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2020-11-18 Other articles >

'Everything is calm in Baghdad...'

Among the many tours offered by agencies to curious travelers, you will not find the Iraqi capital. On the contrary, it is not possible to go there, although the city is one of the largest cities in the Middle East.

Today, Baghdad is one of the places that tourists do not want to visit. Even more, according to the new York company 'Mercer', the city is recognized as the most unsuitable place to live, given the level of environmental pollution, social conditions, road conditions and social security of residents...
But this was not always the case. Everything you've heard about the fabulous charms of the East is true, realized in ancient Baghdad. It was about him that the beautiful Scheherazade told exactly one thousand and one nights, it was here that most of the scenes of fairy tales told by the wise beauty took place.

An unusual coin of the Republic of Belarus, issued in 2006, is dedicated to the lady of the heart of Tsar Shakhriyar, the Charmer of Scheherazade. On the reverse, as if in one of the fairy tales, you can see the face of Scheherazade in a chador. However, if you turn the coin at a different angle, a fairy-tale tent, a magic carpet, and a vessel with a Genie will appear in its place.
The age of Baghdad is much older than many significant cities in the world. The first inhabitants settled the area on the Tigris coast as early as the 19th century BC. In 762, by order of the ruler of the Arab Caliphate, Abu Jafar al-Mansur, construction began on his official residence, which was called the round city of al-Mansur.

In the annals of history, the settlement entered as Madinat al-Salaam - 'city of peace'. This is the name that archaeologists find on the coins of the Abbasid Caliphate, although in the vernacular then everyone preferred to use the ancient name 'Baghdad' - 'given by God'.
Many people have tried to manage the 'city of peace' for centuries. Trade routes from Arabia, India, and even Europe intersected here, and numerous craft workshops flourished. No wonder that by the 10th century, Baghdad had become a powerful center of attraction for many neighbors.

And the attraction worked. Shiites, oghuzs, Seljuks, Turks, Mongols, and even Crusader knights were seriously interested in the treasures of Baghdad. This led to the fall of the Abbasid state and the decline of its former capital.
The city was part of the Ottoman Empire for a long time, and since 1917 it has been occupied by great Britain. Iraq became an independent Republic only in 1958, and Baghdad regained its prestigious capital status.

The fact that Baghdad is a significant economic and commercial center is recalled by a stamp issued by the Iraqi Postal service in 1965. The city was famous for its fairs, which traditionally attracted representatives of many regions.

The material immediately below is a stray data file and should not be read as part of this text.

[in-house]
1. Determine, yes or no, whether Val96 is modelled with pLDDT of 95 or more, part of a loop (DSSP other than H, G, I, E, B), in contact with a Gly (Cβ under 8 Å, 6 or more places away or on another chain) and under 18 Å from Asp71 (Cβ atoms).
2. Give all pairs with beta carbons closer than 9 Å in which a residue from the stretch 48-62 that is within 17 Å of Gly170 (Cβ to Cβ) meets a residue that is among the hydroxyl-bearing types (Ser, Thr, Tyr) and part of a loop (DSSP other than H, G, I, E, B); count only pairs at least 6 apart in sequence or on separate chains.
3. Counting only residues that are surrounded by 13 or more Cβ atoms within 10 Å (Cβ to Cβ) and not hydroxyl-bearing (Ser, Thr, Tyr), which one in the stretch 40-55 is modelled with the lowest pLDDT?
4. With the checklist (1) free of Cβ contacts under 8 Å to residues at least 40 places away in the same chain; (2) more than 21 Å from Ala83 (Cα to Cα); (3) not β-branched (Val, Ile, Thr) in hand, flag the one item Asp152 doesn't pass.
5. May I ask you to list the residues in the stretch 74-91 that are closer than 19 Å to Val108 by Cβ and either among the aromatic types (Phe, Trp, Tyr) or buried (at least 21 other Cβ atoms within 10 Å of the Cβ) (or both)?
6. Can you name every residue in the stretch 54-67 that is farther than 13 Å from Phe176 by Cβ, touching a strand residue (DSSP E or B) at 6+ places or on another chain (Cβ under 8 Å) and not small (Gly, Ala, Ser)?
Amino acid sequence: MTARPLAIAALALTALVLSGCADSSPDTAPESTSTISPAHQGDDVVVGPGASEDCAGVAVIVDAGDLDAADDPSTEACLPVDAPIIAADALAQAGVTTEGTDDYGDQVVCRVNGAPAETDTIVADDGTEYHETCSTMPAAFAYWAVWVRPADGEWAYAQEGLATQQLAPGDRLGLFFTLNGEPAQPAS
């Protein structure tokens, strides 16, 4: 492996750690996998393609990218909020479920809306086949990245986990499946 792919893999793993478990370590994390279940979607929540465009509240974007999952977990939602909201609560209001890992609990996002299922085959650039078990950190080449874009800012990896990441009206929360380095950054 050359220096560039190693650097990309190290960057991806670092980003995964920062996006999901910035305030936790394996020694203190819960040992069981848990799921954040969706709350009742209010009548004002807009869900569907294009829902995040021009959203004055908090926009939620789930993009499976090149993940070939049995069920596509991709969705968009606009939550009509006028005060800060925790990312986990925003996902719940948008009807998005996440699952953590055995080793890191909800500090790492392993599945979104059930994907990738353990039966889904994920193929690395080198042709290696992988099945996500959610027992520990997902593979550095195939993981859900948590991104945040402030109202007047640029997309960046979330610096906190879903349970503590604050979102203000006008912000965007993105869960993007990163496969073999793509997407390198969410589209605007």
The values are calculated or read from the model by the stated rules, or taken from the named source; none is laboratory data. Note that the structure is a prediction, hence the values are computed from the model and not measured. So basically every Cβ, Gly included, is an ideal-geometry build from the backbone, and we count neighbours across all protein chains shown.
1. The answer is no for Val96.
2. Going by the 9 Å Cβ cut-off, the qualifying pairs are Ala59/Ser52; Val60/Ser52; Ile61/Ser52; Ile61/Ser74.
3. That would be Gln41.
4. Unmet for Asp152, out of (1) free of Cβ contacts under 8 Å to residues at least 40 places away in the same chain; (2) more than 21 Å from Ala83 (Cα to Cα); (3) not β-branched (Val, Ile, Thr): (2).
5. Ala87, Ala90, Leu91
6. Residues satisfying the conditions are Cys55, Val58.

In 1957, Baghdad became the site of an exhibition of industry and agriculture, as described by a thematic postage stamp.
Today's reason for increased international interest is the natural resources of the location. Urban oil companies account for a significant share of Iraq's oil production, and the state as a whole is ranked 5th in the world in terms of black gold production.

That is why Baghdad only dreams of peace while its land produces thousands and thousands of barrels of oil. The leading States of the world are fighting for the right to possess this valuable resource, destabilizing the already precarious situation in the region, hiding behind, as usual, beautiful slogans about 'the struggle for world peace'.

The Iran-Iraq war brought hundreds of thousands of victims, and in 2003, the United States, without becoming particularly petty, invaded the territory of Iraq. Baghdad was occupied by military units of the international coalition, and when a stranger is in the house-is there peace?!
A Monument to the Martyrs was unveiled in Baghdad in 1983. Iraqi sculptors Saman Kamal and Ismail Fattah al-Turk dedicated it to soldiers who died during the Iran-Iraq conflict. But in essence, this is a perpetuation of the memory of all the victims of the oil rush that swept the world in the twentieth century.
This architectural composition is placed on the reverse side of the Iraqi 25 Dinar banknote issued in 1986.
In Baghdad posted another monument to the victims of the oil wars - Swords of Kadischi. The then President of Iraq, Saddam Hussein, considered it a symbol of victory in the Iran-Iraq war. But the composition can be perceived ambiguously, as evidenced by the contradictory turns in its fate.
Kadissi swords are depicted on the banknote of Iraq in 1991 and 2002, and in 2003 the us military was going to destroy the monument as a symbol of the Iraqi regime.
Despite the minimal information available, you can judge the attractiveness of peaceful Baghdad by the available images on postcards.
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